The bill provides for a 13% excise tax on retail marijuana sales. It also enacts a tax ranging from $0.03 to $0.08 per milligram of THC for wholesale to dispensaries. Gov. Cuomo’s office estimated revenue of $350 million annually. Revenue above what is required for administration and enforcement would be allocated to the Community Grants Reinvestment Fund, general education through the State Lottery Fund, the Drug Treatment and Public Education Fund, and local municipal and county governments.

The bill allows for cities, towns, and villages to pass local laws prohibiting certain retail establishments and regulating certain aspects of the operation of retail establishments. The bill also contains a process for local voters to overturn local legislation banning recreational marijuana retail.

Comparing New York’s bill with legalization measures in other states

Among the 13 marijuana legalization ballot measures that have passed in other states, all but one explicitly allowed a certain amount of local government control over marijuana regulation. Excise taxes on marijuana sales ranged from an initial rate of 3.75% (subject to increase) in Massachusetts to 25% in Washington. The average tax rate was about 13%. The New Jersey ballot measure applied the state’s sales tax to marijuana but prohibited an additional excise tax.

Seventeen states and D.C. have enacted laws expunging past marijuana convictions, sealing marijuana crime records, or establishing set-aside policies that apply to marijuana-related convictions.

For a comparison of details on possession limits, tax rates, home grow regulations, local control, and revenue allocation among all recreational marijuana ballot measures approved so far, click here.

As of March 2021, 15 states and Washington, D.C., had legalized marijuana for recreational purposes. Eleven states and D.C. did so through citizen initiatives, one through a legislatively referred constitutional amendment, and three, including New York, through bills approved by state legislatures and signed by governors. An additional 15 states had decriminalized recreational marijuana usage. Based on 2019 population estimates, roughly 40% percent of Americans lived in a jurisdiction with legalized recreational marijuana as of March 2021.

In 2012, Colorado and Washington became the first states to legalize recreational marijuana when voters approved legalization initiatives.

In January 2018, Vermont was the first state to legalize recreational marijuana without voters approving a citizen initiative. Illinois was the second state to legalize recreational marijuana without a voter-approved citizen initiative.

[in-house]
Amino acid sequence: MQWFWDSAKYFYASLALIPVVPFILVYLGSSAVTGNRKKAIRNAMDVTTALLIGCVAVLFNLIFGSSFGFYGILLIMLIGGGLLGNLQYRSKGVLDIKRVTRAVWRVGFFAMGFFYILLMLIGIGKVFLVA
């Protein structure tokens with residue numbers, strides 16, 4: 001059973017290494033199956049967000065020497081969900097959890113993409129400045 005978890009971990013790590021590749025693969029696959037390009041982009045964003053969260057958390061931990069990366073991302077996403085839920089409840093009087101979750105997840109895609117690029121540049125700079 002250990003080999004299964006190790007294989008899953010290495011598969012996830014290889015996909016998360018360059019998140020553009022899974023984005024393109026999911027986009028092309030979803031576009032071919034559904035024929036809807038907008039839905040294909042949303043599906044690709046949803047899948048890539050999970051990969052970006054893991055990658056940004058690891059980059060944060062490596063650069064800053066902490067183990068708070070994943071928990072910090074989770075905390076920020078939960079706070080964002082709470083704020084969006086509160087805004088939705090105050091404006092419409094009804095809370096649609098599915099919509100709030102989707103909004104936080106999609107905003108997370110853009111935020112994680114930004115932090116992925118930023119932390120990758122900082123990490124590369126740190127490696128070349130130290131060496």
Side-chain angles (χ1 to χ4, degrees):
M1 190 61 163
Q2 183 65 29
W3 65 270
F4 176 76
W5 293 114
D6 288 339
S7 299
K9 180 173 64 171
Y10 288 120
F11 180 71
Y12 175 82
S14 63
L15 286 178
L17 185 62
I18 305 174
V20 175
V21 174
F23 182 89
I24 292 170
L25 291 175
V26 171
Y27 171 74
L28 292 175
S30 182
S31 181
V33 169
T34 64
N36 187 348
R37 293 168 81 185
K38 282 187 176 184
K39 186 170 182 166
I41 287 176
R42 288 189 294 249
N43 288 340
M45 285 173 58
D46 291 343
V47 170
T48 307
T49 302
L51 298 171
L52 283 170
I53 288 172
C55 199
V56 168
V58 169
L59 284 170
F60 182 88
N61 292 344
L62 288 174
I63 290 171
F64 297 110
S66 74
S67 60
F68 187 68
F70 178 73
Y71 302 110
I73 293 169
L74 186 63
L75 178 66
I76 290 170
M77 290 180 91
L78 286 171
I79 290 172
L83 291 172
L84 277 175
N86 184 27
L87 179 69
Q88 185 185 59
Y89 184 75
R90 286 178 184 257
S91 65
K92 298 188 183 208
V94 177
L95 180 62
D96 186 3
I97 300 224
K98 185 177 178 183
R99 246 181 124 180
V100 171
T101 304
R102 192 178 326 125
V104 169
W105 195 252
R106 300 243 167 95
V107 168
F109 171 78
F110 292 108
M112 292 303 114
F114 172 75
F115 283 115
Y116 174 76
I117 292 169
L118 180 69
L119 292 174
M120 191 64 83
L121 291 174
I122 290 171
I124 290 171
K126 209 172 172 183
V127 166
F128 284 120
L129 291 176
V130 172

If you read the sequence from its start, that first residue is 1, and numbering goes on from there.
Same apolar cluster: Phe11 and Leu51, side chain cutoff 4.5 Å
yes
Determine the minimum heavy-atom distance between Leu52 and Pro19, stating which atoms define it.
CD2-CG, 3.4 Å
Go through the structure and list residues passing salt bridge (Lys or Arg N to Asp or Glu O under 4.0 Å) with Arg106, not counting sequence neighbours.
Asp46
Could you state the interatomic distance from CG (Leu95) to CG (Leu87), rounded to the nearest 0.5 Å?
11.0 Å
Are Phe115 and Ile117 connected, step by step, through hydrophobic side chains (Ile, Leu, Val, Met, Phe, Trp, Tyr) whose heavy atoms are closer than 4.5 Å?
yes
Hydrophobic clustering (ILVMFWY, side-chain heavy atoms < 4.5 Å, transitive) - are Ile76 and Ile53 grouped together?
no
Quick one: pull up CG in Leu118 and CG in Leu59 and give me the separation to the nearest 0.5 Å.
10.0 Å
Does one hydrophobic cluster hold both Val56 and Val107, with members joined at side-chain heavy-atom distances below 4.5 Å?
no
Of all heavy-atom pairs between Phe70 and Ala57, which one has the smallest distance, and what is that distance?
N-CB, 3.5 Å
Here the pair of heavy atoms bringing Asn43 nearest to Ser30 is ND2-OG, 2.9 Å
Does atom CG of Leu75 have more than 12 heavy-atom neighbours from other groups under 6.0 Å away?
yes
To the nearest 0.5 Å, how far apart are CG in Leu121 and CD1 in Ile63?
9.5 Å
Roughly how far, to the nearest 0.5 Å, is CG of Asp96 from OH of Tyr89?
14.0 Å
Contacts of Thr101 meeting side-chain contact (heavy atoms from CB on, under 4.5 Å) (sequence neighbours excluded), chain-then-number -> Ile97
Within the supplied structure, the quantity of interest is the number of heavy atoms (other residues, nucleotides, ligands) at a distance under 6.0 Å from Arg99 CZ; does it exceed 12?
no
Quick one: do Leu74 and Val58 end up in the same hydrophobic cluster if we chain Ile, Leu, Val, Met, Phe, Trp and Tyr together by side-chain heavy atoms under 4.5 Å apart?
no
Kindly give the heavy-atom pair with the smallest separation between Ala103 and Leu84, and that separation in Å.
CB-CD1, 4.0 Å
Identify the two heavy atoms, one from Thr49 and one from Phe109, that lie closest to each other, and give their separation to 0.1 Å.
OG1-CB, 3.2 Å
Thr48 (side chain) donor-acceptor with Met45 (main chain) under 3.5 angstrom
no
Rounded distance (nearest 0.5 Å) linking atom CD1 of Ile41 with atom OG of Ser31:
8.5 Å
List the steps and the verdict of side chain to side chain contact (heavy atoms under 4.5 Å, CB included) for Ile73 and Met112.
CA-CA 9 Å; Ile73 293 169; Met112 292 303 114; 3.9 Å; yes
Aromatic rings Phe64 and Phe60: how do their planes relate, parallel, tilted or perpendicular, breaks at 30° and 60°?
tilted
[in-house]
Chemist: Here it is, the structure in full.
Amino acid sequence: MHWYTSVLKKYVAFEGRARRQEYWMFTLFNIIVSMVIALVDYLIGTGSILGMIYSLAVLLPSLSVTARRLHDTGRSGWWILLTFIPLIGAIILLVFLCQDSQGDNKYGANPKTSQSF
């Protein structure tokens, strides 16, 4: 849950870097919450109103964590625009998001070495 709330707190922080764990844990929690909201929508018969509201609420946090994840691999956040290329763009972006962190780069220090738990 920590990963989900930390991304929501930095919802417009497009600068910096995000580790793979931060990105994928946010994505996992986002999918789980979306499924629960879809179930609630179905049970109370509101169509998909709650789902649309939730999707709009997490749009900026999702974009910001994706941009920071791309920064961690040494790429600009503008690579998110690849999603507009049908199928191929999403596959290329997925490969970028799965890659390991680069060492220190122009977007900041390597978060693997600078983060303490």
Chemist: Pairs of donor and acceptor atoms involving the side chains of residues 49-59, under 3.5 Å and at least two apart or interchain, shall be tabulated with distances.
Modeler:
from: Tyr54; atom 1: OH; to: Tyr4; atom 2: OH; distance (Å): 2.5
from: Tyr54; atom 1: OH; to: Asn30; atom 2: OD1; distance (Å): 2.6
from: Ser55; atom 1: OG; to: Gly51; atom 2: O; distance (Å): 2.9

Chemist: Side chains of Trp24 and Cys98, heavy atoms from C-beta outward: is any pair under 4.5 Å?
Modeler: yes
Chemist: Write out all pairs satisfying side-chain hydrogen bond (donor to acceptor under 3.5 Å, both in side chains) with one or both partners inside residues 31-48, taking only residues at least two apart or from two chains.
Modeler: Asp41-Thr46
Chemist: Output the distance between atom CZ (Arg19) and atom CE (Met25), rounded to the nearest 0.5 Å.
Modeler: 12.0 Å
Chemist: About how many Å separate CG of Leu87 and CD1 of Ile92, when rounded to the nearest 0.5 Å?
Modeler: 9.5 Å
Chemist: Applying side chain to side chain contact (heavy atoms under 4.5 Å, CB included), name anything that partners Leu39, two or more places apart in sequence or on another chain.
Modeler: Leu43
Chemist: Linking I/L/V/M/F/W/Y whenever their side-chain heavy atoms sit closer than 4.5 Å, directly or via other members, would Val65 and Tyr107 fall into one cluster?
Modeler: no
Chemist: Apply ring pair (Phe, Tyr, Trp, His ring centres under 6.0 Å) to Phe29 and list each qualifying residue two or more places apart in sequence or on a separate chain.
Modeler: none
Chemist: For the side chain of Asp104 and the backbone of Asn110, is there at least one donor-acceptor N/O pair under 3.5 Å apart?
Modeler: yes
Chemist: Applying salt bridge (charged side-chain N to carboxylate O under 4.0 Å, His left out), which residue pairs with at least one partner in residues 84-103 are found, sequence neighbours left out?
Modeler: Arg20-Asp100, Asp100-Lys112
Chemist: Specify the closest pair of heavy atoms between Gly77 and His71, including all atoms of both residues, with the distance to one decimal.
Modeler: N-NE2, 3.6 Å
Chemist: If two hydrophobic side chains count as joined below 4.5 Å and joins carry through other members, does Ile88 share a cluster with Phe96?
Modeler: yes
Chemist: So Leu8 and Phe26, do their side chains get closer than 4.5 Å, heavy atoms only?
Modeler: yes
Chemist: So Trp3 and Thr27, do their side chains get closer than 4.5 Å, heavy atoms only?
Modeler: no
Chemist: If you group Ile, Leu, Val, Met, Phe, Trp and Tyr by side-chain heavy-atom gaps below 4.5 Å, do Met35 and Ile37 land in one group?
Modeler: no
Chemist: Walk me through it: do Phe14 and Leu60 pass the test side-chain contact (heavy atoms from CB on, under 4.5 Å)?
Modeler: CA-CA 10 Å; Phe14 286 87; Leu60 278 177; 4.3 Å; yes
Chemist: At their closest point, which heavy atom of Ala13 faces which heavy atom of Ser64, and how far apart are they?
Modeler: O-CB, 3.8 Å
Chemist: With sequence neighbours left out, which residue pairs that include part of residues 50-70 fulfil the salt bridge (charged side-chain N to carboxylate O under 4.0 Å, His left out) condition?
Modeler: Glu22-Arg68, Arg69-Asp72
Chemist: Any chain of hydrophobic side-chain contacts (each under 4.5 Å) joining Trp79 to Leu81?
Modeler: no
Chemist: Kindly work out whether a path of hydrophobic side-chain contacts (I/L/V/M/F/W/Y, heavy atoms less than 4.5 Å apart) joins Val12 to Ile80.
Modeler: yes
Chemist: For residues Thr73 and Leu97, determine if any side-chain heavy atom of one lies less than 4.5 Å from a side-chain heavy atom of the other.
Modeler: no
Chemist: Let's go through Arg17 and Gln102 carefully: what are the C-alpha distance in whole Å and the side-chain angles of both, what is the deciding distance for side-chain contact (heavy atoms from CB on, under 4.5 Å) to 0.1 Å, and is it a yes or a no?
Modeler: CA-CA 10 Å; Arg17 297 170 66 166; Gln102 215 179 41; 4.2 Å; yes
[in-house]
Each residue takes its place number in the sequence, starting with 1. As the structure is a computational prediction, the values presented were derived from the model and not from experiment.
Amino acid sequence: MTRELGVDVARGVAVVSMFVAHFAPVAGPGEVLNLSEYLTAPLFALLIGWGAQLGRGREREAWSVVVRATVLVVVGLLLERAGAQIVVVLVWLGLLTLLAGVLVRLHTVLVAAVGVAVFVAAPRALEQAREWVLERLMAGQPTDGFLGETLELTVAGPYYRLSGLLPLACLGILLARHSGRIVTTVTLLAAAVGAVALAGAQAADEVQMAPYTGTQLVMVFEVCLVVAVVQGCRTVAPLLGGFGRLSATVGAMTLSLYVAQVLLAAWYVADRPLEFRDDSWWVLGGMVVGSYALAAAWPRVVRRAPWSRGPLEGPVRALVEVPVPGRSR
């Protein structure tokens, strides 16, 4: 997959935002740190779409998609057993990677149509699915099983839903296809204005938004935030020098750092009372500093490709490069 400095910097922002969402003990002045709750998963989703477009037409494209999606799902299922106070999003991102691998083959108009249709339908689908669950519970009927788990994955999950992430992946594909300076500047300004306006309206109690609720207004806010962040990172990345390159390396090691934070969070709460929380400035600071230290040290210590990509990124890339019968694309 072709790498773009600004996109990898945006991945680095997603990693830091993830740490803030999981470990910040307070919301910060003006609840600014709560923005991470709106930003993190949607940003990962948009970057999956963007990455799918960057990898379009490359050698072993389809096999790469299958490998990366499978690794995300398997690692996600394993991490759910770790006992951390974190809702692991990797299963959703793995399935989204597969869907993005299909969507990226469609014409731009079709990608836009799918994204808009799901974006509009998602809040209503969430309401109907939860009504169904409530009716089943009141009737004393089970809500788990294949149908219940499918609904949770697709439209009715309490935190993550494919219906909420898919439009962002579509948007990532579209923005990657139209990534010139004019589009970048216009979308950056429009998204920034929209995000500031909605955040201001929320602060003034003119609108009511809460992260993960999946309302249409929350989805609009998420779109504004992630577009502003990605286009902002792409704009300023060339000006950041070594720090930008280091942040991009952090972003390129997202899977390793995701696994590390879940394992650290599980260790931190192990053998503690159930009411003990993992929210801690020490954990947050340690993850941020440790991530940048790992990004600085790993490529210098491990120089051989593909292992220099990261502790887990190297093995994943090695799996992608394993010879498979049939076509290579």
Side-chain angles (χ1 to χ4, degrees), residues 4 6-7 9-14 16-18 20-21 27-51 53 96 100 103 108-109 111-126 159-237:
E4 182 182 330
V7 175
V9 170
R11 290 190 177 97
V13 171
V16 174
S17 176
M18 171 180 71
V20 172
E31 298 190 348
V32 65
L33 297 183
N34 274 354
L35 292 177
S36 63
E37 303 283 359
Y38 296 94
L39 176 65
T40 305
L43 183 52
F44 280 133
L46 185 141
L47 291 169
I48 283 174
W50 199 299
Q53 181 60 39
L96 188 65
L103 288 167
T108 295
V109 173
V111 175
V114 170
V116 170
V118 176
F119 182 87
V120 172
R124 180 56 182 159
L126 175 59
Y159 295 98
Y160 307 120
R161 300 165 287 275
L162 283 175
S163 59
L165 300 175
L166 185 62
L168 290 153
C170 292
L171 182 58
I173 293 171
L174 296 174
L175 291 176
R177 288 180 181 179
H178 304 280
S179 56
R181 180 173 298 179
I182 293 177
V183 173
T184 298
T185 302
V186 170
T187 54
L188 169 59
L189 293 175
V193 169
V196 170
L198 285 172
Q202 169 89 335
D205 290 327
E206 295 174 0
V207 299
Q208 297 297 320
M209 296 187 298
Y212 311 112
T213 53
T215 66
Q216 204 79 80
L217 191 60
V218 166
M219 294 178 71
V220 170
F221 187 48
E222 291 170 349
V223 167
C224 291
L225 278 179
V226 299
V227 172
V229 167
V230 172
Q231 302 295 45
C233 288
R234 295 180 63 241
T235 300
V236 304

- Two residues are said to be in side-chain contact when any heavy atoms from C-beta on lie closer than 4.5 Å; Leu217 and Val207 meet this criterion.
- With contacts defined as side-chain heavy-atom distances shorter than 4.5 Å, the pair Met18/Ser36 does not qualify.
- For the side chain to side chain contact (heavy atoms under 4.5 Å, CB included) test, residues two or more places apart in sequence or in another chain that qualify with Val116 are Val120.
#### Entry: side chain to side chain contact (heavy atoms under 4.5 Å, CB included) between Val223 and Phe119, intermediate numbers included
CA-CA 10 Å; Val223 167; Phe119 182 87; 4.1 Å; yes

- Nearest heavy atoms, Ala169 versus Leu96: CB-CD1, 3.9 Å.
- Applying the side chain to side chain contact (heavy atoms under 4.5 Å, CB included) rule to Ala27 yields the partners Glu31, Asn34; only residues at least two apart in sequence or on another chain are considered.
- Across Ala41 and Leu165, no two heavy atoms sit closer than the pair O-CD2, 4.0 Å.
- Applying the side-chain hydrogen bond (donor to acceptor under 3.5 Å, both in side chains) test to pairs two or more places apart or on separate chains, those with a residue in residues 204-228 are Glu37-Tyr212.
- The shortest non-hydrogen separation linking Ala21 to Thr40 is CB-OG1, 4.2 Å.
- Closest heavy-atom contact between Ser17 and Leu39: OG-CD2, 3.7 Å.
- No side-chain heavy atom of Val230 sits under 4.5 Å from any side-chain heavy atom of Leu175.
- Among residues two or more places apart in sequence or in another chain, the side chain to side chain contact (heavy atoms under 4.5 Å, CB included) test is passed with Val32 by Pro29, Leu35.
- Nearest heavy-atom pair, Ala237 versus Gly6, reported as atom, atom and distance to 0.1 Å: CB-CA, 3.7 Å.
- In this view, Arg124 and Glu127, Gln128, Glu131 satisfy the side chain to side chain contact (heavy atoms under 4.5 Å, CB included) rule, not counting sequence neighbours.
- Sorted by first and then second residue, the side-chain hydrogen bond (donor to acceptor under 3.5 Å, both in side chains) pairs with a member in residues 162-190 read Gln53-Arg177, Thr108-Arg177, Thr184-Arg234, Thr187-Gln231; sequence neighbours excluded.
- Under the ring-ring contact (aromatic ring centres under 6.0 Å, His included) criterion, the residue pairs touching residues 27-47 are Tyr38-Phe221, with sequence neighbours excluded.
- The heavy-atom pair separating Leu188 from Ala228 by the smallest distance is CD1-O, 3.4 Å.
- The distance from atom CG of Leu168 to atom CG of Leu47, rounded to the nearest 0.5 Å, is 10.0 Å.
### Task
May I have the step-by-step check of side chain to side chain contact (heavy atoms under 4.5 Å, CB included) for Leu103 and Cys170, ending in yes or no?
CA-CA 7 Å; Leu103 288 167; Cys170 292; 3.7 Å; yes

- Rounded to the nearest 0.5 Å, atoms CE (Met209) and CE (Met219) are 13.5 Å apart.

In 2020, New Jersey was the first state to legalize recreational marijuana through voter approval of a legislatively referred measure, rather than a citizen-initiated one.



New York Court of Appeals justice retires, creating midterm vacancy

On March 23, 2021, State of New York Court of Appeals Justice Paul Feinman retired from the court, citing health concerns. 

Justice Feinman joined the State of New York Court of Appeals in 2017. He was appointed to the court by Gov. Andrew Cuomo (D). Feinman was the first openly gay judge confirmed to serve on the state’s highest court.

Before serving on the state supreme court, Feinman was a judge with the New York County Supreme Court, Civil Term in the 1st Judicial District from 2008 to 2017. He was also appointed to the New York Supreme Court, Appellate Division, First Department in 2012. From 1996 to 1997 and again in 2001 to 2003, Feinman served as a judge with the New York City Civil Court. From 1997 to 2000, he served as a judge with the New York City Criminal Courts.

The seven justices of the New York Court of Appeals serve 14-year terms. They are appointed by the governor from a list of candidates provided by a judicial nominating commission, pending confirmation from the New York Senate.

The current chief justice of the court is Janet DiFiore, who was appointed by Gov. Cuomo in 2015. 

The other five active justices of the court are:

• Jenny Rivera – Appointed by Gov. Cuomo in 2013

• Eugene Fahey – Appointed by Gov. Cuomo in 2015

• Michael Garcia – Appointed by Gov. Cuomo in 2016

• Rowan Wilson – Appointed by Gov. Cuomo in 2017

• Leslie Stein – Appointed by Gov. Cuomo in 2015

Justice Leslie Stein is scheduled to retire from the court on June 4, 2021, and Justice Eugene Fahey has scheduled his retirement for December 31, 2021.

In 2021, there have been 11 supreme court vacancies in nine of the 29 states where replacement justices are appointed instead of elected. The vacancies have been caused by retirements.